We have pulled together a list of construction contracts that you might need to be able to find, with guidance on how to locate them:

 

NEC contracts

We have a collection of NEC contracts available through Library Search.  To access these:

  1. Go to Library Search.
  2. Sign yourself into Library Search by clicking on Sign-in (top right-hand corner of the Library Search homepage) and then enter your network username and password.
  3. Type NEC in Academia into the main Library Search box.
  4. Follow the link and you will be promted to log in with your network username and password.  You will then have access to all of the NEC contracts and documents, which can be read online and/or downloaded.

JCT contracts

JCT contracts are available through our Construction Information Service database.  To access these:

  1. Go to Library Search.
  2. Sign yourself into Library Search by clicking on Sign-in (top right-hand corner of the Library Search homepage) and then enter your network username and password.
  3. Type Construction Information Service into the Library Search box.
  4. Click on the link and select  Construction Information Service – CIS from the list of databases given.  Because you have already logged into Library Search, this should allow you access to all of the content we subscribe to.  You will then have access to all of the JCT contracts and documents, which can be read online and/or downloaded.
  5. When searching for a specific JCT contract it helps to include the year, for example JCT contract 2016

FIDIC contracts

We  have access to the FIDIC contract suite, is also contained in the Construction Information Service database.  To access FIDIC contracts:

  1. Go to Library Search.
  2. Sign yourself into Library Search by clicking on Sign-in (top right-hand corner of the Library Search homepage) and then enter your network username and password.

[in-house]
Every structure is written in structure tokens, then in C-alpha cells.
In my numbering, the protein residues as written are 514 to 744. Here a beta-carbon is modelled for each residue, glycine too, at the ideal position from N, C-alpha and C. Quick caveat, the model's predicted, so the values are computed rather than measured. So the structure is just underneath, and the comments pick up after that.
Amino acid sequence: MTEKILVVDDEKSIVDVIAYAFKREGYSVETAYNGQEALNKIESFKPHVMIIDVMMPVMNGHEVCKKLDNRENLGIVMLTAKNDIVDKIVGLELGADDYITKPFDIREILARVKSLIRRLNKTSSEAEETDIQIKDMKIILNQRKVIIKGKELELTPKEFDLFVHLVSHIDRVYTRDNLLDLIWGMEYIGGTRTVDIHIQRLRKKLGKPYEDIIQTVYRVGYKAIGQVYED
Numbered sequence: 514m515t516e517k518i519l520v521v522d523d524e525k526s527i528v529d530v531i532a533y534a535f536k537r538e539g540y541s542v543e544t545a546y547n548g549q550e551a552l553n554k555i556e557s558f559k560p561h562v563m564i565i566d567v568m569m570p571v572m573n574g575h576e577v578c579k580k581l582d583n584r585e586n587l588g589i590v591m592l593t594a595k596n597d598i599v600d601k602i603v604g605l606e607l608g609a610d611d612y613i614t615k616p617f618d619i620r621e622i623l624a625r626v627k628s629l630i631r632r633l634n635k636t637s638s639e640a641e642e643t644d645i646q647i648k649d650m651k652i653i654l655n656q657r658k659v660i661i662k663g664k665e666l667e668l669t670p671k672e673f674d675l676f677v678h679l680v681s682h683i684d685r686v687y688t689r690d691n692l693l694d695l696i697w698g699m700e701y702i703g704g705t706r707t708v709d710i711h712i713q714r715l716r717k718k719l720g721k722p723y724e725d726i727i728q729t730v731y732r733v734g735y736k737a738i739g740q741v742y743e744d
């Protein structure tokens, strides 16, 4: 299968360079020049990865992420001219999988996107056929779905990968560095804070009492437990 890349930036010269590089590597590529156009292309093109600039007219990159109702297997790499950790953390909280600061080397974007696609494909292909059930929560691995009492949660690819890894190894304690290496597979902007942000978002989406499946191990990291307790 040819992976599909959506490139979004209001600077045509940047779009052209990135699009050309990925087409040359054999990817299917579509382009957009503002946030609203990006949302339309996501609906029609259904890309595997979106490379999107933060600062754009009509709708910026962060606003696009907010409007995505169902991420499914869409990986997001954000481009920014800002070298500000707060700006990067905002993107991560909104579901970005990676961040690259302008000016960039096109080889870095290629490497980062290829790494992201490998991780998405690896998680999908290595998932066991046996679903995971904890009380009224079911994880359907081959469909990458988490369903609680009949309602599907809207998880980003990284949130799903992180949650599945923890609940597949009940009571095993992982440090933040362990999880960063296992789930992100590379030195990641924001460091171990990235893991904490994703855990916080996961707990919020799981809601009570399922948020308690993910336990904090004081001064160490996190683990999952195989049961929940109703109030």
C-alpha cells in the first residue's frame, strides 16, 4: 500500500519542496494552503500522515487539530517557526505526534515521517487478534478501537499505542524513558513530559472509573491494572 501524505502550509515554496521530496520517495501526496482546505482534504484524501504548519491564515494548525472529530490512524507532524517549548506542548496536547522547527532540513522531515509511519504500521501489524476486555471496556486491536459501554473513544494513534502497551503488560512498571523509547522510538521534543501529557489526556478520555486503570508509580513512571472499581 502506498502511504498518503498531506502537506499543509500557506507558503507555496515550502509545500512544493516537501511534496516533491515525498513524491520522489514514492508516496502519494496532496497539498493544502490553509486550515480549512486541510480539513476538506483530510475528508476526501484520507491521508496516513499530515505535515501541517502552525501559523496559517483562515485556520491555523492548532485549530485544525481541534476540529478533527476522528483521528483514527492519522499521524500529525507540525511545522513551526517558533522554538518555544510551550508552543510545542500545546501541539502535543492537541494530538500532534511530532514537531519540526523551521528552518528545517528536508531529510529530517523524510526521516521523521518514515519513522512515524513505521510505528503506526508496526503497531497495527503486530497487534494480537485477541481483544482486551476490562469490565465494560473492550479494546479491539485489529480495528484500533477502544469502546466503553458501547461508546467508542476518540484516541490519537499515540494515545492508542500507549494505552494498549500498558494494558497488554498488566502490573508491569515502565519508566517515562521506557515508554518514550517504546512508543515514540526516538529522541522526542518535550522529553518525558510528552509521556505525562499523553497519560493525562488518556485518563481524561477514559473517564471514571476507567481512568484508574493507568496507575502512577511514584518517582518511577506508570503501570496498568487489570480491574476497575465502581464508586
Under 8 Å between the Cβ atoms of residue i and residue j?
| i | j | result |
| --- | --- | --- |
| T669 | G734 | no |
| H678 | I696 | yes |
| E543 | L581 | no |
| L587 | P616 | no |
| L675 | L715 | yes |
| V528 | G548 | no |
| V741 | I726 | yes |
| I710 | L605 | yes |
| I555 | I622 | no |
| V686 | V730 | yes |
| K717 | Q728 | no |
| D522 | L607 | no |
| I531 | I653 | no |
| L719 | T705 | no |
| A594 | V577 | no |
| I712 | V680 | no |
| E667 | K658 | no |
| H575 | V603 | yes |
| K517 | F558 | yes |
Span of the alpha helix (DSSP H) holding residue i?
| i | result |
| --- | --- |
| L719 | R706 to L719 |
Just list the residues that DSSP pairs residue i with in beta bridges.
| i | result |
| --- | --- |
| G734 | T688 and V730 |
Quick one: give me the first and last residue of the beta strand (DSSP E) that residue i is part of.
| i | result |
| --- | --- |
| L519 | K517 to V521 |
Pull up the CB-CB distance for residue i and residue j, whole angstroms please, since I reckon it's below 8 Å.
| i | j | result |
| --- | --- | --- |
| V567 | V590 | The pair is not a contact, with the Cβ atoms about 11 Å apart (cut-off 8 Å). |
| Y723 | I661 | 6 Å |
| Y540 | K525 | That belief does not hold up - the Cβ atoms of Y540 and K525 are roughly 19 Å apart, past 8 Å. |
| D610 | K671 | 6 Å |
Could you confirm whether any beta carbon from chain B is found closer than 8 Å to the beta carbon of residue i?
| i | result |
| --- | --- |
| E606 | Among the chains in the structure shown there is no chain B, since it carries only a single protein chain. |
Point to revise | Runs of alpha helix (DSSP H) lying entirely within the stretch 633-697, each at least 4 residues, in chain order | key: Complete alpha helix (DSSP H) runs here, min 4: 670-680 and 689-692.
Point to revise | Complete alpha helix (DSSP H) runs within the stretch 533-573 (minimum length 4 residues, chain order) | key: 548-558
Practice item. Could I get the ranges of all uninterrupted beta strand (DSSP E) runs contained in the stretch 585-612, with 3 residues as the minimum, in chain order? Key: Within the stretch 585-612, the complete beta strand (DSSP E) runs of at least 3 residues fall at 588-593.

3. Type Construction Information Service into the Library Search box.
  4. Click on the link and select  Construction Information Service – CIS from the list of databases given.  Because you have already logged into Library Search, this should allow you access to all of the content we subscribe to.  You will then have access to all of the FIDIC contracts and documents, which can be read online and/or downloaded.

 

A really useful, key construction-related database you may also want to access is  Construction Information Service.

Construction Information Service is really useful database which holds a variety of UK construction industry-based resources.  This database contains a variety of information ranging from contracts to building regulations.  It can be accessed through Library Search (you will need to sign into it with your network username and password if you are off-campus, as detailed above).  This database is definitely worth a look if you are interested in construction, building surveying, quantity surveying, civil engineering and architecture.